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Quality of life perceptions and social comparisons in healthy old age

Published online by Cambridge University Press:  24 August 2004

J. GRAHAM BEAUMONT
Affiliation:
School of Psychology and Therapeutic Studies, University of Surrey, Roehampton, and Department of Clinical Psychology, Royal Hospital for Neuro-disability, Putney, London.
PAMELA M. KENEALY
Affiliation:
School of Psychology and Therapeutic Studies, University of Surrey, Roehampton, and Department of Clinical Psychology, Royal Hospital for Neuro-disability, Putney, London.

Abstract

This paper reports a study of the influence of healthy older people's type of residence and social comparison strategies on their quality of life perceptions. Data were collected from 190 participants aged 65 or more years resident in one London Borough. Participants were classified by their type of residence, and their quality of life was assessed by the Schedule for Evaluation of Individual Quality of Life: Direct Weighting (SEIQoL-DW). Among the reported social comparison judgements, the dominant strategy was ‘Downward Contrast’. It was the sole strategy for 78 per cent of those studied, and was significantly associated with a higher perceived quality of life. Among other statistically significant findings, it was found that positive orientation, optimistic orientation, and the use of Contrast rather than Identification comparisons associated with a better reported quality of life. The over-riding influence of Downward Contrast comparisons was also confirmed: this strategy appears to be adaptive and functional in enhancing perceived quality of life. The effect is not mediated by depression, although differences in comparison strategy were observed among groups with different residential status. The possibility of an intervention to enhance the perceived quality of life is discussed.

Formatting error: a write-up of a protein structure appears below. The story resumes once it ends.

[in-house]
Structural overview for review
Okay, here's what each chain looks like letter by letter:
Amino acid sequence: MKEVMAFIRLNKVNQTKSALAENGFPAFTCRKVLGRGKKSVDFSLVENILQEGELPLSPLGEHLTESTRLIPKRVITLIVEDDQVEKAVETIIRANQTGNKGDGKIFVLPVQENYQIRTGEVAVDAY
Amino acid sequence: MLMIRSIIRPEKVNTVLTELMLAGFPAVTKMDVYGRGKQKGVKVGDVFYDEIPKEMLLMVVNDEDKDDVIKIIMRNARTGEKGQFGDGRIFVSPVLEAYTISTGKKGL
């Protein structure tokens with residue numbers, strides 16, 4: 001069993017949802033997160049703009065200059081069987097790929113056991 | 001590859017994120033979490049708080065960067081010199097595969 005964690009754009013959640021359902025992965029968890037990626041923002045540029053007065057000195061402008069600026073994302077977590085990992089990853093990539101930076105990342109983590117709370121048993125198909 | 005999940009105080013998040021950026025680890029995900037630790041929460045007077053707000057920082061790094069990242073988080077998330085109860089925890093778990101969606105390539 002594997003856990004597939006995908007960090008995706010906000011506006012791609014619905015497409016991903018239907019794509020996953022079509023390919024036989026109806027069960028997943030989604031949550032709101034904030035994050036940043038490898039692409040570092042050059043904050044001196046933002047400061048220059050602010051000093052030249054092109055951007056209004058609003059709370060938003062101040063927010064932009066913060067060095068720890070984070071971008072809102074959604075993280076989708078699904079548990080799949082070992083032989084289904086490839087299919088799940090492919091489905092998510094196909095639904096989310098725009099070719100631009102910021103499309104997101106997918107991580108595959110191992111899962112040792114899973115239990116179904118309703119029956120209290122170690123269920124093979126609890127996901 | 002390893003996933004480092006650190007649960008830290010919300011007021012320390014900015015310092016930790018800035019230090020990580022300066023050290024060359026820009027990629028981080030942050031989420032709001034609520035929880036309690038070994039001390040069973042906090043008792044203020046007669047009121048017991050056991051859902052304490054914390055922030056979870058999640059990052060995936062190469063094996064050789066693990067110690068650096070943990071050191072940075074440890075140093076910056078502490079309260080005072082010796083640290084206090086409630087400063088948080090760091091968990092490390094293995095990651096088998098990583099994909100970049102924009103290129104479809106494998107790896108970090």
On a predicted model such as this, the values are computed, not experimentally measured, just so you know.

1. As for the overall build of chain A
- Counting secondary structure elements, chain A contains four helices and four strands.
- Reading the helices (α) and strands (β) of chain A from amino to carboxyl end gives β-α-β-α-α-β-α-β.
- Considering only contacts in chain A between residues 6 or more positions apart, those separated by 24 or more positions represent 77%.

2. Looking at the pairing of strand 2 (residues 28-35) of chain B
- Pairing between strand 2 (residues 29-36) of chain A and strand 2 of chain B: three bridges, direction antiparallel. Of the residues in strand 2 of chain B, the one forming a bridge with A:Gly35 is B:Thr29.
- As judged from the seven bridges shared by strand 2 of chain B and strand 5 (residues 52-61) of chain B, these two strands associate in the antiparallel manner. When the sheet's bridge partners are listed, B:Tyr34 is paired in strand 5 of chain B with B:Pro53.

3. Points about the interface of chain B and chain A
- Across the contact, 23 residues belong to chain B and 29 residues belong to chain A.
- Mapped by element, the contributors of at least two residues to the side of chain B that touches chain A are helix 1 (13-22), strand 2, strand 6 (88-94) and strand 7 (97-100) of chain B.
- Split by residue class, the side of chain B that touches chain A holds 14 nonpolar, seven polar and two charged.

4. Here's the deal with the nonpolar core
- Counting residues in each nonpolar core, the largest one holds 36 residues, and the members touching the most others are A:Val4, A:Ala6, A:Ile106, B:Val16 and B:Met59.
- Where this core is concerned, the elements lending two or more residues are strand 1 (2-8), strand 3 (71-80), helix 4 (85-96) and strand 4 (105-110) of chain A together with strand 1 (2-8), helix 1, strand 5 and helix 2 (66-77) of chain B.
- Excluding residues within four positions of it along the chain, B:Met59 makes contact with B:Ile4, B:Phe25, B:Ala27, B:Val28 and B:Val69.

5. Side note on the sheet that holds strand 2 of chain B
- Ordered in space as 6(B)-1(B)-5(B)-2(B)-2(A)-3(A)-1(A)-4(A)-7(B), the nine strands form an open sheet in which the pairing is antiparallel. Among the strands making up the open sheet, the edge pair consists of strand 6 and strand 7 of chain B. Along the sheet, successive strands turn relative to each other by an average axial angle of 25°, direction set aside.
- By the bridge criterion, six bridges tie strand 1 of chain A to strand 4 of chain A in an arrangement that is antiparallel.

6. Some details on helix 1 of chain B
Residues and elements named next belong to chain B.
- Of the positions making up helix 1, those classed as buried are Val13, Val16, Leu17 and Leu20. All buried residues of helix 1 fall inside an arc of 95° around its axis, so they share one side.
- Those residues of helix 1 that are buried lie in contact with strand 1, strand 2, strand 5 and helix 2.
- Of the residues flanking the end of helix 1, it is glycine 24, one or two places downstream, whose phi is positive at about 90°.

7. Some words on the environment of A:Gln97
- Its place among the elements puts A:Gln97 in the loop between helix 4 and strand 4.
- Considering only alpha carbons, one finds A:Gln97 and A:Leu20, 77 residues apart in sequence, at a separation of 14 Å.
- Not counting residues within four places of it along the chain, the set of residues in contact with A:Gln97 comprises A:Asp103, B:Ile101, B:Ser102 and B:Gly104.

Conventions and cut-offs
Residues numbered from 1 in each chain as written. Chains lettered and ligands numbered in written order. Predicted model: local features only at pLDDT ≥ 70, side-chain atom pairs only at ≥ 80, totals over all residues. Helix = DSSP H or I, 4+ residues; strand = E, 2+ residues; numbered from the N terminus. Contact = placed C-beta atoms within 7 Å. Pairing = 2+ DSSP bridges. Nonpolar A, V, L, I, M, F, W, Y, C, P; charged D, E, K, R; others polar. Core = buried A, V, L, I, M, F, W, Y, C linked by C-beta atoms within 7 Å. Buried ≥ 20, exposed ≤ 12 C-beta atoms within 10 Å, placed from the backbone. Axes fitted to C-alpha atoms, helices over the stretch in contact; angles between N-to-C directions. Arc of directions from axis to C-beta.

Type
Research Article
Copyright
© 2004 Cambridge University Press

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